Bird feet and legs

The anatomy of bird legs and feet is diverse, encompassing many accommodations to perform a wide variety of functions.Most birds are classified as digitigrade animals, meaning they walk on their toes, rather than the entire foot. Some of the lower bones of the foot (the distals and most of the metatarsal) are fused to form the tarsometatarsus – a third segment of the leg, specific to birds. The upper bones of the foot (proximals), in turn, are fused with the tibia to form the tibiotarsus, as over time the centralia disappeared. The fibula also reduced.The legs are attached to a strong assembly consisting of the pelvic girdle extensively fused with the uniform spinal bone (also specific to birds) called the synsacrum, built from some of the fused bones.


Caniformia, or Canoidea (literally "dog-like"), is a suborder within the order Carnivora. They typically possess a long snout and nonretractile claws (in contrast to the cat-like carnivorans, the Feliformia). The Pinnipedia (seals, walruses and sea lions) are also assigned to this group. The center of diversification for Caniformia is North America and northern Eurasia. This contrasts with the feliforms, the center of diversification of which was in Africa and southern Asia.

Chebyshev's Lambda Mechanism

The Chebyshev's Lambda Mechanism is a four-bar mechanism that converts rotational motion to approximate straight-line motion with approximate constant velocity. The precise design trades off straightness, lack of acceleration, and the proportion of the driving rotation that is spent in the linear portion of the full curve.The example to the right spends over half of the cycle in the near straight portion.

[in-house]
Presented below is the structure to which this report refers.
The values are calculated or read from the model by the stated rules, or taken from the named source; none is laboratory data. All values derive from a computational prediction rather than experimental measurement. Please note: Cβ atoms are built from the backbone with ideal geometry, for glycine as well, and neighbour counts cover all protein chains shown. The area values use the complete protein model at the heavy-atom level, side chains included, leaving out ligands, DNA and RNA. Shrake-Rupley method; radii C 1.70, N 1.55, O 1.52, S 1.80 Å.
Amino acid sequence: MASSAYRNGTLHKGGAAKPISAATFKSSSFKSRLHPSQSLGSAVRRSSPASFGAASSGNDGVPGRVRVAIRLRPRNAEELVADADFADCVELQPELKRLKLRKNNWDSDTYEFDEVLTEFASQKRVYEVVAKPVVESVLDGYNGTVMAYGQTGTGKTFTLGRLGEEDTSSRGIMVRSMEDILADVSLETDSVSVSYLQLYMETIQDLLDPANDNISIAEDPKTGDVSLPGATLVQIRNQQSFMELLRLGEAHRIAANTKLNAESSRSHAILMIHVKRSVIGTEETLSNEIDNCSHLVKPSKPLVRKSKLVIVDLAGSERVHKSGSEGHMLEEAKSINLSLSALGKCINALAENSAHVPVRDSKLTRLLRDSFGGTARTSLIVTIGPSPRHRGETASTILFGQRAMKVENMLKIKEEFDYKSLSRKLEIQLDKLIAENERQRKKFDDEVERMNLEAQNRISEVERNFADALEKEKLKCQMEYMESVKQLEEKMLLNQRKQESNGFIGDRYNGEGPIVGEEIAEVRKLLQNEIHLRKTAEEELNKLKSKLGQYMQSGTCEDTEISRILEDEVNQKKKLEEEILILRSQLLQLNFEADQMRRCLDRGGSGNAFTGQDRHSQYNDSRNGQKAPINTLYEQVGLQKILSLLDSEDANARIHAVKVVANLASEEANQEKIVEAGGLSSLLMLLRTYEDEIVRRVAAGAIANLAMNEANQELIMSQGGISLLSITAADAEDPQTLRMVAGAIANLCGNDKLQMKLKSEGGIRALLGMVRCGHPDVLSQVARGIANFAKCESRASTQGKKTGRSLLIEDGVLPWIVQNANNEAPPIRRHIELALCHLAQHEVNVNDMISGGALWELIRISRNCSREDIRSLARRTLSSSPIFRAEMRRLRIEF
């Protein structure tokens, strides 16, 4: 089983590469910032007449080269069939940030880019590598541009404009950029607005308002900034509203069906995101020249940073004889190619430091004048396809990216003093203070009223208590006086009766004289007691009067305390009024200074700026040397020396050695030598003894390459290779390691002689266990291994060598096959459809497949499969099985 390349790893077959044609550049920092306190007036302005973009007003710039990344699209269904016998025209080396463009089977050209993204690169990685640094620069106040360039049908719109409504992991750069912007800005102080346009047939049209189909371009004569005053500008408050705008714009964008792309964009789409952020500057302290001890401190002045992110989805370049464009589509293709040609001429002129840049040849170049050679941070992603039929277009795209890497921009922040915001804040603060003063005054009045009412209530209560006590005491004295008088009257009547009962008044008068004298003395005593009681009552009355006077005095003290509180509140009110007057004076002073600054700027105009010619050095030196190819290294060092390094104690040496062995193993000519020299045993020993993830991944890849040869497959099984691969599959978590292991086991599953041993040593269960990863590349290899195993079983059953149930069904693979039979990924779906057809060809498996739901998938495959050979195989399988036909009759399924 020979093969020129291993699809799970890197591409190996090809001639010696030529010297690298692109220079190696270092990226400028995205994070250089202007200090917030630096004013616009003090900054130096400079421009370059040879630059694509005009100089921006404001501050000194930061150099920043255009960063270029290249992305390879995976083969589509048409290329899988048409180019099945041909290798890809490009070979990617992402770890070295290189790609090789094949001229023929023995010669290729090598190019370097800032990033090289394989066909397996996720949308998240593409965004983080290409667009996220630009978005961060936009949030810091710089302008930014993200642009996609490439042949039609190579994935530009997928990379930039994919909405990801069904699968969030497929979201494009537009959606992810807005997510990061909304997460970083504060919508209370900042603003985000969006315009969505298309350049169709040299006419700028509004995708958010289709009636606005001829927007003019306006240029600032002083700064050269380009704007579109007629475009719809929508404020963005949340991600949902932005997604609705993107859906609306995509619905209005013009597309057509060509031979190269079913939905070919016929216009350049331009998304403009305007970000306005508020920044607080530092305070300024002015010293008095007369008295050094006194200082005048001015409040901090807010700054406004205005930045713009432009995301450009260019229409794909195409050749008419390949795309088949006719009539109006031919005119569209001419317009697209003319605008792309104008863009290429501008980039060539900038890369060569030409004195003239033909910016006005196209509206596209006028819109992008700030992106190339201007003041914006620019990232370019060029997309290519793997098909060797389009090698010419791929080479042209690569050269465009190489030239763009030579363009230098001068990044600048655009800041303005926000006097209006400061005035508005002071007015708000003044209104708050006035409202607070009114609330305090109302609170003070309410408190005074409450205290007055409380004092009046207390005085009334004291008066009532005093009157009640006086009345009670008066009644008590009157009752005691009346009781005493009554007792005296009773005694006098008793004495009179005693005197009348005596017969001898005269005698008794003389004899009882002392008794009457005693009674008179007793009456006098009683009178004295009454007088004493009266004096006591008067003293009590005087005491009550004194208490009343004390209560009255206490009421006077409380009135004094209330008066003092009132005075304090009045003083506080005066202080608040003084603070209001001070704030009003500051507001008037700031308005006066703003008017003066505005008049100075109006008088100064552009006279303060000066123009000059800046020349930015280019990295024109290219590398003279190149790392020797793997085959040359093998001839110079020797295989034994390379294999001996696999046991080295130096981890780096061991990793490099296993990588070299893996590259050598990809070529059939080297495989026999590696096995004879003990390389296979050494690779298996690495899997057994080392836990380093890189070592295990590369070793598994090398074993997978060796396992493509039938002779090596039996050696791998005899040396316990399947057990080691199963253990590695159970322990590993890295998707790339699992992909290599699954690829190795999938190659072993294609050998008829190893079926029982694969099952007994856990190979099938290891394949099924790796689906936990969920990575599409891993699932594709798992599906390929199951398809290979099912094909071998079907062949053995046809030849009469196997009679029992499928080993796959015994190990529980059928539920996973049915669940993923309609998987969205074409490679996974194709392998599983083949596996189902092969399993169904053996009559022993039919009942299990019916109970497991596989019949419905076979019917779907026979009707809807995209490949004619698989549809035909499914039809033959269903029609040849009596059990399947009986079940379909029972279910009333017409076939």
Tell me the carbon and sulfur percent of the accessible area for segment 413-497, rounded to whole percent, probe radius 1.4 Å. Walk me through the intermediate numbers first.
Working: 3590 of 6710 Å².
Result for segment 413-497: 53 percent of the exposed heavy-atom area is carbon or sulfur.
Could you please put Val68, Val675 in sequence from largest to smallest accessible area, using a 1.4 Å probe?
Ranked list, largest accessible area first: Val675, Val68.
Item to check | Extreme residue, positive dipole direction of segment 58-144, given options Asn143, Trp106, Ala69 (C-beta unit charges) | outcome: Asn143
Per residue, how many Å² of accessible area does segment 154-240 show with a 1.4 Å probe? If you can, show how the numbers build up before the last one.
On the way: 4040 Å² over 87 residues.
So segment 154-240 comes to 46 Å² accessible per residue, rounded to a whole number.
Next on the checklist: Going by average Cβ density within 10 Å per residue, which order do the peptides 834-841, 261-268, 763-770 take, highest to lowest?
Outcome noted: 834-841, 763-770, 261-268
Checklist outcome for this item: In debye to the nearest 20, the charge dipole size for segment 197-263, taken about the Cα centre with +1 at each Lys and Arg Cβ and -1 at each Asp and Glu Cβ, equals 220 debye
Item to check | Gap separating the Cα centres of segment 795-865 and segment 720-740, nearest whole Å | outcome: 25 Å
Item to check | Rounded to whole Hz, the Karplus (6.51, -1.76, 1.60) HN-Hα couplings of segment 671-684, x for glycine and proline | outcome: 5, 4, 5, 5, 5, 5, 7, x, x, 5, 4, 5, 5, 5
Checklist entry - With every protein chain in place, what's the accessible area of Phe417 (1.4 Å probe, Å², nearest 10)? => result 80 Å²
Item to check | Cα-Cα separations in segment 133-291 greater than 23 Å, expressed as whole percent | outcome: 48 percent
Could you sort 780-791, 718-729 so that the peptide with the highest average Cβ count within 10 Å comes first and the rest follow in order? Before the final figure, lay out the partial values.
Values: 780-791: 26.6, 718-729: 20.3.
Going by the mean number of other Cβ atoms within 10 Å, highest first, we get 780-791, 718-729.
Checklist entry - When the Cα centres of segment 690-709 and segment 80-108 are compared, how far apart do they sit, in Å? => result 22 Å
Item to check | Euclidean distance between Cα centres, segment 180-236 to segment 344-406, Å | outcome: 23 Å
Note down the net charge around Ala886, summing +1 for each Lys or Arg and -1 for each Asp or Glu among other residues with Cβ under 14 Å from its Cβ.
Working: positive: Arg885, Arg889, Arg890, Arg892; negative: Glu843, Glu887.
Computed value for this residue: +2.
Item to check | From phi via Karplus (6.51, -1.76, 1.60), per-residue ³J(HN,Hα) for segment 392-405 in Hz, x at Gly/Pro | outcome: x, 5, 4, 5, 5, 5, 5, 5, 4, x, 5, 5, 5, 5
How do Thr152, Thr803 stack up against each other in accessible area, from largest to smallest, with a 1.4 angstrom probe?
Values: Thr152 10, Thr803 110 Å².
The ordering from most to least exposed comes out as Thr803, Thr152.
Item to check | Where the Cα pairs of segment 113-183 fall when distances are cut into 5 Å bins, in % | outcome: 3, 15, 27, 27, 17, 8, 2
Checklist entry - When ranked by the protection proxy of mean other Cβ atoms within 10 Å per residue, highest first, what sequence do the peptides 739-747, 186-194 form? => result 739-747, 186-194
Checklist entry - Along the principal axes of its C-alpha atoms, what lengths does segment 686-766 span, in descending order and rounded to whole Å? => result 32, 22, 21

The Chebyshev's Lambda Mechanism is a cognate linkage of the Chebyshev linkage.

The linkage was first shown in Paris on the Exposition Universelle (1878) as "The Plantigrade Machine".The Chebyshev's Lambda Mechanism looks like the Greek letter lambda, therefore the linkage is also known as Lambda Mechanism.


Chriacus is an extinct genus of prehistoric mammal which lived in North America around 63 million years ago. There are 9 valid species currently recognized.

Chriacus was a raccoon-like mammal of the Paleocene epoch, with a length of about 1 metre (3.3 ft) including its long, robust tail, which may or may not have been prehensile. It had a light build, weighing approximately 7 kg (15 lb), and was an agile tree-climber. Chriacus was plantigrade, that is, it walked on the soles of its five-toed feet, which had long claws. Its legs were powerfully built, with flexible joints. The front legs could be used for digging, while the hind legs were best suited for climbing. It was probably an omnivore, like its relative, Arctocyon, eating fruit, eggs, insects and small mammals.


A digitigrade (), is an animal that stands or walks on its digits, or toes. Digitigrades include walking birds (what many assume to be bird knees are actually ankles), cats, dogs, and many other mammals, but not plantigrades or unguligrades. Digitigrades generally move more quickly and quietly than other animals.

There are anatomical differences between the limbs of plantigrades, like humans, and both unguligrade and digitigrade limbs. Digitigrade and unguligrade animals have relatively long carpals and tarsals, and the bones which would correspond to the human ankle are thus set much higher in the limb than in a human. In a digitigrade animal, this effectively lengthens the foot, so much so that what are often thought of as a digitigrade animal's "hands" and "feet" correspond only to what would be the bones of the human finger or toe.